Movie poster for "Last Christmas." Emilia Clarke and Henry Golding are sitting on a bench in front of the London Eye.
Movie poster for “Last Christmas.” Based off of Wham!’s 1984 hit, the feel good film surrounds George Michael’s soundtrack.

Inspired by Wham!’s 1984 holiday classic, “Last Christmas,” a romantic comedy by the same title is your typical, feel good Christmas movie—filled with sometimes cheesy, but lovable characters all within the magic of the festive season. Although this film caters to those who can’t get enough of holiday love stories, it also features a heartwarming tribute to George Michael as many of his hit songs surround the film’s premise.

“Last Christmas” stars Emilia Clarke, previously known for her role as Daenerys Targaryen in “Game of Thrones,” along with Henry Golding and Emma Thompson. Kate, played by Clarke, works as an elf in an extravagant Christmas shop and finds her life spinning out of control. From being kicked out of her friend’s house as a result of her partying lifestyle to causing a store break-in due to her forgetful state of mind, Kate feels like she can’t do anything right.

When Kate meets Tom, played by Golding, she gets pulled into a whirlwind romance, which takes a dramatic turn at the end—directly relating to the lyrics of the hit its based on.

Thankfully, the film includes Michael’s most well-known hits outside of the holiday staple—spanning from the ‘80s bliss of Wham!’s “Everything She Wants” to the sonically uplifting “Freedom! ‘90.” When listening to these classics in a big screen setting, it’s difficult to bottle up your joy when watching—making it clear that forming the film’s soundtrack around Michael’s impactful artistry was a wonderful decision.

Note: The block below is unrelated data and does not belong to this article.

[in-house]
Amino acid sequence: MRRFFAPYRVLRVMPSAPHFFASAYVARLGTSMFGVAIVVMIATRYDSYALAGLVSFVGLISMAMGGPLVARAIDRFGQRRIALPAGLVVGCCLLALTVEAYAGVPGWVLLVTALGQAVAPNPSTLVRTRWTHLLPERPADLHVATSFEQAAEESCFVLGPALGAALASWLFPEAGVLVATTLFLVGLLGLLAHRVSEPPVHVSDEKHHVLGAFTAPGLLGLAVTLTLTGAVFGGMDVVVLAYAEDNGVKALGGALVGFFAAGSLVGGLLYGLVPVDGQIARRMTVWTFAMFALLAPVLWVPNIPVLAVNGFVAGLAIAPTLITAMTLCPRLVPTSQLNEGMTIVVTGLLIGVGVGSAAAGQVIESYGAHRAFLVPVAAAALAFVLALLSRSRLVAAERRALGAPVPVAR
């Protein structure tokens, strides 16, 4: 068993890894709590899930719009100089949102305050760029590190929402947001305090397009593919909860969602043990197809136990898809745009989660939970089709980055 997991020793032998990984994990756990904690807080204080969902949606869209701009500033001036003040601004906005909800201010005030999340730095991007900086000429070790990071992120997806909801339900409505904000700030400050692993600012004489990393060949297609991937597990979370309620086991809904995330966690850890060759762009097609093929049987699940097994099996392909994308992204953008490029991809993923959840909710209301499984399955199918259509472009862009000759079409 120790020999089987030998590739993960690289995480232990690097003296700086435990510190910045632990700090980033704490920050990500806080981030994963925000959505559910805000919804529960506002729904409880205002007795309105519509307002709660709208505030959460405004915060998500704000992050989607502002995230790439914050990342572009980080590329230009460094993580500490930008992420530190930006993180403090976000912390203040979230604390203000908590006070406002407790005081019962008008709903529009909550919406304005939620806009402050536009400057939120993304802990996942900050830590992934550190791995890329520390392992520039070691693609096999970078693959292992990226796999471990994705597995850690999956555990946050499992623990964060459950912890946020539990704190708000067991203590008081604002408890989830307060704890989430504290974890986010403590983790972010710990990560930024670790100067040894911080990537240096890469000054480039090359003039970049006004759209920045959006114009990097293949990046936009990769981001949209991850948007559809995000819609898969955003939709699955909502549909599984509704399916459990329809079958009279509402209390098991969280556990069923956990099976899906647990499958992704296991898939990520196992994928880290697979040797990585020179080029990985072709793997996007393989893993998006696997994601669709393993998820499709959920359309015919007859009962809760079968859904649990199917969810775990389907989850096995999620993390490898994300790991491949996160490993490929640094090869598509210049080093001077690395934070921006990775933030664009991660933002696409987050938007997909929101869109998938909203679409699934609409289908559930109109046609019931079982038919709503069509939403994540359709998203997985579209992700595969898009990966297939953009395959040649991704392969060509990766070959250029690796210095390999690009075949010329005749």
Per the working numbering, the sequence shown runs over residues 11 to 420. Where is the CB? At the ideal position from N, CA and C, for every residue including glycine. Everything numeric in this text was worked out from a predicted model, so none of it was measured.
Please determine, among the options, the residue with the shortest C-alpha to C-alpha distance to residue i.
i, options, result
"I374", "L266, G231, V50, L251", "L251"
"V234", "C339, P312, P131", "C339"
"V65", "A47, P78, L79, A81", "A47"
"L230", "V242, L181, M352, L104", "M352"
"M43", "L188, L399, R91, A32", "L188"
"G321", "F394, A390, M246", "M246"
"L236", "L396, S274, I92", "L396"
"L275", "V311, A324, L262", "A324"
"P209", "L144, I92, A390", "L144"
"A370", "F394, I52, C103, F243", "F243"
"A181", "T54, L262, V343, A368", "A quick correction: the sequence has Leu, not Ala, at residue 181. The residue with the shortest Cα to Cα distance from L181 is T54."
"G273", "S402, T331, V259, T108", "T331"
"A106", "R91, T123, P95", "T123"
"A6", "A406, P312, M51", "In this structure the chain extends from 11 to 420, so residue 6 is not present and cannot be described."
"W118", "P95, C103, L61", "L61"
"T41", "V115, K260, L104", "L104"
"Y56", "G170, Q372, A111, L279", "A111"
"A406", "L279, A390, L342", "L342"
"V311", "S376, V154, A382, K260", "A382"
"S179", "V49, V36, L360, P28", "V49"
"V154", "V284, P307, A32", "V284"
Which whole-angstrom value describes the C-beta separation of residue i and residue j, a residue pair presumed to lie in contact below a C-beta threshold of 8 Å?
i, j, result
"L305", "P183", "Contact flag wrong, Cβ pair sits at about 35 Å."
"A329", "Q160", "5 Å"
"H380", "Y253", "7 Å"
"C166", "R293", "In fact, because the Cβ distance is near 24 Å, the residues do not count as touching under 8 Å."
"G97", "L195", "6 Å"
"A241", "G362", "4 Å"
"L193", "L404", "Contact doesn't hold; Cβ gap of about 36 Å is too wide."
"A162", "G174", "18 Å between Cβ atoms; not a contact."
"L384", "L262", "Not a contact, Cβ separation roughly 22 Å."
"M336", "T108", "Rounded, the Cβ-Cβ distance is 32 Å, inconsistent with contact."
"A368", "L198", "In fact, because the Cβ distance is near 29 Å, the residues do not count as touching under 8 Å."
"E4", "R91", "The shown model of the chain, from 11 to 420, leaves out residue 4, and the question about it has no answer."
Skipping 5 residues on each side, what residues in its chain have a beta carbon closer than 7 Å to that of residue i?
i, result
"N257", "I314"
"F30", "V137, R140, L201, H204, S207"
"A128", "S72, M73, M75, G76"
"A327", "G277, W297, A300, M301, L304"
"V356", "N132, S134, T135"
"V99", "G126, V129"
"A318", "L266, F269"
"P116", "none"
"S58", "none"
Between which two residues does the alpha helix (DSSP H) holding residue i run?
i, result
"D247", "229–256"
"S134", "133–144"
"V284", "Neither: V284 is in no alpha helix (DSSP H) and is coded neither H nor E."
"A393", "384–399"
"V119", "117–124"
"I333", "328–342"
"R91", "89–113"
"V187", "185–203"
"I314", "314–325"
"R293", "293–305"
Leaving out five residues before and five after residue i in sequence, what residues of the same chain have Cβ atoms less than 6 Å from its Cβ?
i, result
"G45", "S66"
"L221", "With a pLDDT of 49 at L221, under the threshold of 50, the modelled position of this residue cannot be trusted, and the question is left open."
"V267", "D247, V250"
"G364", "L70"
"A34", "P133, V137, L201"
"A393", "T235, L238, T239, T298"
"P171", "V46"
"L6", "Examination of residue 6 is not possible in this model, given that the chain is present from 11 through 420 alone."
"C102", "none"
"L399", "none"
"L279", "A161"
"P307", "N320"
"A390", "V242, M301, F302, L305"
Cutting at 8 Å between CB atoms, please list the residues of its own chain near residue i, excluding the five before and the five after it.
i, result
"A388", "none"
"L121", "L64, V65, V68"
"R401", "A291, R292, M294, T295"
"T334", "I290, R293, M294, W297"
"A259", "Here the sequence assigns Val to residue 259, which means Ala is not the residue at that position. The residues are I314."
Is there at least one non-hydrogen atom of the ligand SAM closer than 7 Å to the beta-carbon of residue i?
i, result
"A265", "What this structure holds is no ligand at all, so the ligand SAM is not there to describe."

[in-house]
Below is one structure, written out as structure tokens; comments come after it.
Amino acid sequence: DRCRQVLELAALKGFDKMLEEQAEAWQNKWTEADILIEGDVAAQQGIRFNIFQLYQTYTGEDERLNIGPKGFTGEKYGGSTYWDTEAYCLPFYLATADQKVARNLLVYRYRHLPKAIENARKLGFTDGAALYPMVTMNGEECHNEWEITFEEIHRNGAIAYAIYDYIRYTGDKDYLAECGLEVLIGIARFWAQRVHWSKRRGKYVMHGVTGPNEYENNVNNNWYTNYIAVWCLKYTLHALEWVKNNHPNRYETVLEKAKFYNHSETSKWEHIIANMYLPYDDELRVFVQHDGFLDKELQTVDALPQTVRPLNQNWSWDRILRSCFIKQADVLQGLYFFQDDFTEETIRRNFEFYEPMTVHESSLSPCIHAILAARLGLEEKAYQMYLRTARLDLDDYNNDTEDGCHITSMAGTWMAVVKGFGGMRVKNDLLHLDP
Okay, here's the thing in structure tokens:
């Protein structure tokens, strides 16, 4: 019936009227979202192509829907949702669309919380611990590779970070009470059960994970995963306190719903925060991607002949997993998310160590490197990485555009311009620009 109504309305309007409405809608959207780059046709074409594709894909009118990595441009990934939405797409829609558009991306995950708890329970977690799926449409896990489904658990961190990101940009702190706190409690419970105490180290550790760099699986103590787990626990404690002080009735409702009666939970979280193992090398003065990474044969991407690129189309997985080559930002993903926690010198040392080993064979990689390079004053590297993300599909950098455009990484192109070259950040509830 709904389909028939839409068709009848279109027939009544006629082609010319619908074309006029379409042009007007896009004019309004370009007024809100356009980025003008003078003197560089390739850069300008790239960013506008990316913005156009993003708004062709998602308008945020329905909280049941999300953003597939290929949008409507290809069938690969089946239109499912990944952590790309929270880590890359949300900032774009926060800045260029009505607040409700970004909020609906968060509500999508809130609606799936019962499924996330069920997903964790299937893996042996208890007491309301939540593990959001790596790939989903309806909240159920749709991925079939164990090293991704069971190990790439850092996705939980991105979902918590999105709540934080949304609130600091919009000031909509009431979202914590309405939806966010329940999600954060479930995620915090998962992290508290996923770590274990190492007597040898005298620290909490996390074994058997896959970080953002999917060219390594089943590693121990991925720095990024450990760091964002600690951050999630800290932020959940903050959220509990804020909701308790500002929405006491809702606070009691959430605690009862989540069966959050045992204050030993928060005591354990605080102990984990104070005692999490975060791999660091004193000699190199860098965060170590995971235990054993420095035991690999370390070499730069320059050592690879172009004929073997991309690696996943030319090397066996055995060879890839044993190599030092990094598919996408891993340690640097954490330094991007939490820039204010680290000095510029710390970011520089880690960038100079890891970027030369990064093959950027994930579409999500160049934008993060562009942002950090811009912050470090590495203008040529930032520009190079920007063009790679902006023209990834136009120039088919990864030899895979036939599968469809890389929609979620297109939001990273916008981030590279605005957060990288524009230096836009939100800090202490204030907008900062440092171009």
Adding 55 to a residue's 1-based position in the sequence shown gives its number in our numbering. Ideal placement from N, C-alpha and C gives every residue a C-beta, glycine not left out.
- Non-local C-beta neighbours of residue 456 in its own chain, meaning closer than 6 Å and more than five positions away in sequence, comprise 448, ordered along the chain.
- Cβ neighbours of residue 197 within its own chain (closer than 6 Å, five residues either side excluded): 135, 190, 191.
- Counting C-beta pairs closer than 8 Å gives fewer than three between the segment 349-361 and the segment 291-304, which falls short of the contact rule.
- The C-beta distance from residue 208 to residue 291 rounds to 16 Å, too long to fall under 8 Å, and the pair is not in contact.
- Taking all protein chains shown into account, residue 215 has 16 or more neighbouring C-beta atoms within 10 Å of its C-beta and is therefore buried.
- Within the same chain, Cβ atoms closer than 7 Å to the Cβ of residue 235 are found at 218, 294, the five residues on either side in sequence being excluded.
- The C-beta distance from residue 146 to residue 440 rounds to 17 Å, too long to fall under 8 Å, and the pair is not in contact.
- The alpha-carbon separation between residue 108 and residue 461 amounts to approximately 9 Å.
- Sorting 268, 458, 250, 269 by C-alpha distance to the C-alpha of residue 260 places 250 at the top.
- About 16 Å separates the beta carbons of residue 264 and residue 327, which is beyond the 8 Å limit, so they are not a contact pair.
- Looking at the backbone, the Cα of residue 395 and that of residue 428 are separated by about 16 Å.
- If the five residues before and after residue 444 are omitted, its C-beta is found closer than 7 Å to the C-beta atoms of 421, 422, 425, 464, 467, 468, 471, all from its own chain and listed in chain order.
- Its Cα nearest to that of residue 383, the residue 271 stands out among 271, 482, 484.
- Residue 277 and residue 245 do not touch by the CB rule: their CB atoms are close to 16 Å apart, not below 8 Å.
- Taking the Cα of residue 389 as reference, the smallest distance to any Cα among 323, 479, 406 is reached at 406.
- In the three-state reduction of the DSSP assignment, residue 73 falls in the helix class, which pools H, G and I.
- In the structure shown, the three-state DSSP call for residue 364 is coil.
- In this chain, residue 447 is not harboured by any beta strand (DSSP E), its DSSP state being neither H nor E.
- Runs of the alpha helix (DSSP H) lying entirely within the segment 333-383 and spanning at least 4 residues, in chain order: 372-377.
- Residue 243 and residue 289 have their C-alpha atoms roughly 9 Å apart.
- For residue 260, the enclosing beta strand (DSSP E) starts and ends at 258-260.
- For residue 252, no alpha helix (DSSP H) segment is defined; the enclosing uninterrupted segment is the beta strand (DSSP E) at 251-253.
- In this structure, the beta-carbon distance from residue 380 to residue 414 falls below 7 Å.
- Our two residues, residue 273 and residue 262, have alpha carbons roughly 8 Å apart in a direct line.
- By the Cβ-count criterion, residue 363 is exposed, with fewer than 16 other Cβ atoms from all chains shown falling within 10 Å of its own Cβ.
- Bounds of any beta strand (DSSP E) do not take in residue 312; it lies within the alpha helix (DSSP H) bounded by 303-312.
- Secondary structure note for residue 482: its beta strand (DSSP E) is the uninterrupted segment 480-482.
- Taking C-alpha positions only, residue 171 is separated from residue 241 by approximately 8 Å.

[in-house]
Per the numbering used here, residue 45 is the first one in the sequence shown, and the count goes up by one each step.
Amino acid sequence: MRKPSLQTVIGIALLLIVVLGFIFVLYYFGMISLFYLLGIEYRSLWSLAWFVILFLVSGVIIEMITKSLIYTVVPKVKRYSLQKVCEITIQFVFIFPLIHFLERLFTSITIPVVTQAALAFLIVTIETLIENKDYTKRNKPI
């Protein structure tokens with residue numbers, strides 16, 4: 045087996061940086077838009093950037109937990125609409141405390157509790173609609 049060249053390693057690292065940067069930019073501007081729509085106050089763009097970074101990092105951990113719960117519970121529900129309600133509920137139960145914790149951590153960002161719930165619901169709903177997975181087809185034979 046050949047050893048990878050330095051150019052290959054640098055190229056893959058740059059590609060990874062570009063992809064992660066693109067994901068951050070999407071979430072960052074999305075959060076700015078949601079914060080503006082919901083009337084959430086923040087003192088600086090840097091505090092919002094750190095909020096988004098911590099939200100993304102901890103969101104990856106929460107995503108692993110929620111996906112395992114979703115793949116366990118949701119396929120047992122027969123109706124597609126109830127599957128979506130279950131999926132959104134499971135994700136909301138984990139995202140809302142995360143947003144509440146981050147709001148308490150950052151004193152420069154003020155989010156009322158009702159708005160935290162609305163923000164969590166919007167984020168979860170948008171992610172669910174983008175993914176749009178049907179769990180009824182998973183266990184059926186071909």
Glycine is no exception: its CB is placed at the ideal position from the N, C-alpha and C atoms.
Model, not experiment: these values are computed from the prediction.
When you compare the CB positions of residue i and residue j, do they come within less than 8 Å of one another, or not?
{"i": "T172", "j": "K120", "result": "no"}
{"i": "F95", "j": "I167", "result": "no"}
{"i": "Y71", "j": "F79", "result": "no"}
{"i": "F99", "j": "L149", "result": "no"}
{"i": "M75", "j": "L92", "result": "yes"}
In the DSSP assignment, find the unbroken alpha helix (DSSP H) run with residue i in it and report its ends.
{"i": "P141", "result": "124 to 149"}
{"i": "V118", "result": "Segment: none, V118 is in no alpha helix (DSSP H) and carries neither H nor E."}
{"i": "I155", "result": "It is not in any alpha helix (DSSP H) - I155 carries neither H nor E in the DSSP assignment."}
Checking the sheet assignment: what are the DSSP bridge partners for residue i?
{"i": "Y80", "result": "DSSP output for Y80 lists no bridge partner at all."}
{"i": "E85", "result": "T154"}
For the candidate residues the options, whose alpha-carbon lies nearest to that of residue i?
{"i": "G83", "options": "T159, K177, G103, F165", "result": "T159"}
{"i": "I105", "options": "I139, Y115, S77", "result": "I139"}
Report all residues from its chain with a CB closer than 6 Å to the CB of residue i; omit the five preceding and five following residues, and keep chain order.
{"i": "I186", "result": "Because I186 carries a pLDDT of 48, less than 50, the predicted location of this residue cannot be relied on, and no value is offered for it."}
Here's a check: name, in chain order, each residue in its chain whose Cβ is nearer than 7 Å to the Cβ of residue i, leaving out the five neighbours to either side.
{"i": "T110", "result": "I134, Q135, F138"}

Although it’s crucial to introduce the more mainstream aspects of Michael’s massive catalog to younger audiences who aren’t as familiar with the singer’s work, it’s equally as important to add in lesser known songs for the Michael fanatics. “Waiting for That Day,” from Michael’s 1990 album “Listen Without Prejudice Vol. 1,” makes a surprise appearance along with a couple of songs from his later projects—including the jazzy “Move On.” 

The heartfelt acoustic ballad, “Heal the Pain,” remained the centerpiece of the movie even though “Last Christmas” spearheads the concept. Clarke’s character, who has posters of an aviator wearing Michael in her childhood bedroom, has a deep connection to the song—starting the film off with her singing it as a young girl alongside a choir. 

Hearing Michael sing the powerful lyrics, “Be good to yourself/’Cause nobody else/Has the power to make you happy,” in the theater serves as an emotional experience—relating it to not only the plot, but to Michael’s deeply introspective songwriting and angelic voice.

Directed by Paul Feig, who previously worked on “Bridesmaids,” and co-written by Thompson, who also plays Kate’s mother, the treatment for the film received Michael’s blessing before his passing. Besides including his timeless soundtrack, the film also highlighted causes that were important to the singer—connecting to the universal theme of giving back. 

“During the development of the project, I met with George and told him the story that we had, and he loved it, and he was particularly thrilled about all the stuff [in the movie] about homelessness,” Thompson told ABC News. “Because he [had] a passionate social conscience.”

Keeping the heartwarming cheesiness in mind, “Last Christmas” isn’t supposed to be this grandiose, Oscar-winning production—an unspoken, yet widely known sentiment for any holiday movie. Audiences are bound to be critical on more technical aspects that “fit” into the category of a groundbreaking film, but you have to keep in mind its purpose, which is to simply put a smile on your face. And that, it accomplishes.

Rylee Jackson can be reached at, or on Twitter @rybyjackson.